In other words, had I paid my radical Muslim imam accuser $10,000 in go-away money, and given him a page of the magazine, I would have saved myself $100,000 in legal fees. That is not morally or legally sound. But these commissions exist in every province and territory, and federally, and they all work the same way procedurally.

What was the response to the book upon publication?

The book was a moral success in the court of public opinion. Even though I have a history as a political partisan, the book was well received by people of all political stripes, including, for example, the Toronto Star, many commentators on the CBC, the Globe and Mail, the Canadian Civil Liberties Association, etc. I was even invited to testify about its contents before the House of Commons' multi-party Justice Committee.

Since the publication of the book, there have been a number of bills and motions put forward to amend the more egregious aspects of human rights commissions, including a motion put forward in Parliament by the former Liberal MP, Keith Martin, and an inquiry about the matter in the Senate. As well, the Saskatchewan government recently passed a law taking human rights matter out of the hands of their human rights commission, and giving it to real courts. And, right now, most of the candidates for the leadership of Alberta's provincial Progressive Conservatives have called for amendments to their human rights commission. So change is coming, if only slowly.

Did anyone get upset about what you had written? Did you hear from any of the main players in your book?

The only people who were opposed to the book were people within the human rights industry -- lawyers, bureaucrats and litigants themselves who have a financial interest either in being part of the system, or using the system to shake down their opponents. From the human rights industry, I was the target of over 30 law society complaints and nuisance lawsuits, designed to shut me up. Obviously it didn't work!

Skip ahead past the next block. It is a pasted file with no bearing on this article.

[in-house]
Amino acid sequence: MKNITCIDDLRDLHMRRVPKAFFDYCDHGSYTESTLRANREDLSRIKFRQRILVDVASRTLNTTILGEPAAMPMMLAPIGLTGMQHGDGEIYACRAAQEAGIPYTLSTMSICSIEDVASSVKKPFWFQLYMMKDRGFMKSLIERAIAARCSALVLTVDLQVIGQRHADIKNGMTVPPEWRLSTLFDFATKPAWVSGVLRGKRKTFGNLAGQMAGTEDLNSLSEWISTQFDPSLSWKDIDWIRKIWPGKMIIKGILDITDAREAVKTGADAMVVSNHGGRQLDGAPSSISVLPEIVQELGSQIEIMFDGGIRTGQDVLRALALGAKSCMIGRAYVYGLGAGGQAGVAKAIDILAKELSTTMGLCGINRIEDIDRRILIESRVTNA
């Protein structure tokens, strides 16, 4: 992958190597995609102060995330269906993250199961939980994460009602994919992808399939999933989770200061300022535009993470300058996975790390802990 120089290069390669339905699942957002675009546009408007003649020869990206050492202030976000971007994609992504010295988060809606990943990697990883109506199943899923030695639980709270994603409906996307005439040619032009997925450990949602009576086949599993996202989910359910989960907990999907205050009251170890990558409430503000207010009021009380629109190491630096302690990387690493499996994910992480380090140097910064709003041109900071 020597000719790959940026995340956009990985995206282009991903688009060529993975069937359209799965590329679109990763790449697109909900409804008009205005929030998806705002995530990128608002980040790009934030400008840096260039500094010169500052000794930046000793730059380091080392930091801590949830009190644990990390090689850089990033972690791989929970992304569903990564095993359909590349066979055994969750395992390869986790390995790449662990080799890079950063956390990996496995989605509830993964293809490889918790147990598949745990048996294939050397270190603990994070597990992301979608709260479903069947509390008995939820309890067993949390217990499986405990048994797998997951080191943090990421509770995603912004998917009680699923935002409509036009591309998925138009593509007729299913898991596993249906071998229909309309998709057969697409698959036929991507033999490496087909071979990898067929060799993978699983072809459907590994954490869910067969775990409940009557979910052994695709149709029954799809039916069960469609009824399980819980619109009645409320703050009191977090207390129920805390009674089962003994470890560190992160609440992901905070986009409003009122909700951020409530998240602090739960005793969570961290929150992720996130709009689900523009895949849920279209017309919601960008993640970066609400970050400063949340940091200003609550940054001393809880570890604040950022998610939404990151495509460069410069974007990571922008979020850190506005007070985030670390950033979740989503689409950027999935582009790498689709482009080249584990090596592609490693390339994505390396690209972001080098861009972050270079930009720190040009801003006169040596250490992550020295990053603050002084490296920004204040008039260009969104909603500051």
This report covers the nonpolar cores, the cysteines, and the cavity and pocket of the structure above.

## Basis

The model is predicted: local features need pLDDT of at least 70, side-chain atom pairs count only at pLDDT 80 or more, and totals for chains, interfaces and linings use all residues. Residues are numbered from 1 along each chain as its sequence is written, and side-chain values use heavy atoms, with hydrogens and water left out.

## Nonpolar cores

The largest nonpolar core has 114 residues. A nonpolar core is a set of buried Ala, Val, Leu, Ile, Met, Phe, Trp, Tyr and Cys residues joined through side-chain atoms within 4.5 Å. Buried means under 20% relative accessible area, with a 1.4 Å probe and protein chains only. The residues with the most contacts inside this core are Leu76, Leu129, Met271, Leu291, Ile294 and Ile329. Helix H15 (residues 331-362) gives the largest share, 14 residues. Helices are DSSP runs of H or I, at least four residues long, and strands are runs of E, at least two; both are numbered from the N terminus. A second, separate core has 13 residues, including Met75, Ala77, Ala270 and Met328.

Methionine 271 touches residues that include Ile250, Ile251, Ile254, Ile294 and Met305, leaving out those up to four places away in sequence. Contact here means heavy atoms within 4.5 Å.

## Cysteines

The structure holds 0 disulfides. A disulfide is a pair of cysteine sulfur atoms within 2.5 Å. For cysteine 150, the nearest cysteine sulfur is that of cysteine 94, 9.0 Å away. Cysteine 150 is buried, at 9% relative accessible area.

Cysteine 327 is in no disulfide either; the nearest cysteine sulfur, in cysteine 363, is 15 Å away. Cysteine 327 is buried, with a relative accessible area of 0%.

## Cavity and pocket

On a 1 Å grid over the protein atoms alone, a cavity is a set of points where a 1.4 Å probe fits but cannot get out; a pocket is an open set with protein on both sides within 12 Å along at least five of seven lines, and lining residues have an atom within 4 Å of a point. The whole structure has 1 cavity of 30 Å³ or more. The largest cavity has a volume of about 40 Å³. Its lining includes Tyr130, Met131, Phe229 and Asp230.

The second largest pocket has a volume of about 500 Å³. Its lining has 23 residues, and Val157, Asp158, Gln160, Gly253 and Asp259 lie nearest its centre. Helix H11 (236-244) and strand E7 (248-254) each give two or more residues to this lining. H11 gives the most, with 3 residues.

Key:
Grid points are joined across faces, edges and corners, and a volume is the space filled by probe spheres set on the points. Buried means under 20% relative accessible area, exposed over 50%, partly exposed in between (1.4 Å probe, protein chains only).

Did Shakedown change the trajectory of your career? In what way?

Shakedown, and the two fights it describes -- publishing the Danish cartoons in the face of threats and a media black-out, and then fighting against government censors -- were important public moments for me. It was a political act of defiance -- both of radical Islam and their domestic, politically correct government allies. It was a legal act, where I could engage the problem as a lawyer, to analyze it and propose reforms. It was a journalistic act, where I demonstrated what I thought the appropriate response to censors ought to be, and what the appropriate belief in freedom of the press looked like in action. And it was my first book published with a serious publisher.

I am sure that a large part of my public reputation is due to my track record of fighting against censorship, and sparking a national discussion of the value of freedom.
What do you think of the state of Canadian political writing these days? Are there any trends you admire or disapprove of? What areas should be written about more?

I think that political writing in Canada is underdeveloped, at least in comparison to the United States. Simply put, they have much more of it. I also think that our official political class has a liberal consensus that is more liberal and more partisan than the average Canadian. So I think there is a demand for more conservative and dissident books in the country.

Of all the books on our shortlist, besides your own of course, what is your favorite book and why?

John Duffy's history of political campaigns (Fights of Our Lives) is written from the viewpoint of a Liberal partisan, but I appreciate his historical approach.

What are you working on now?

I've got a few more book projects in the pipeline, but I want to retain some element of surprise!

Throughout July we are interviewing the authors of the books on our shortlist for the Best Canadian Political Book of the Last 25 Years. Vote for your favourite here.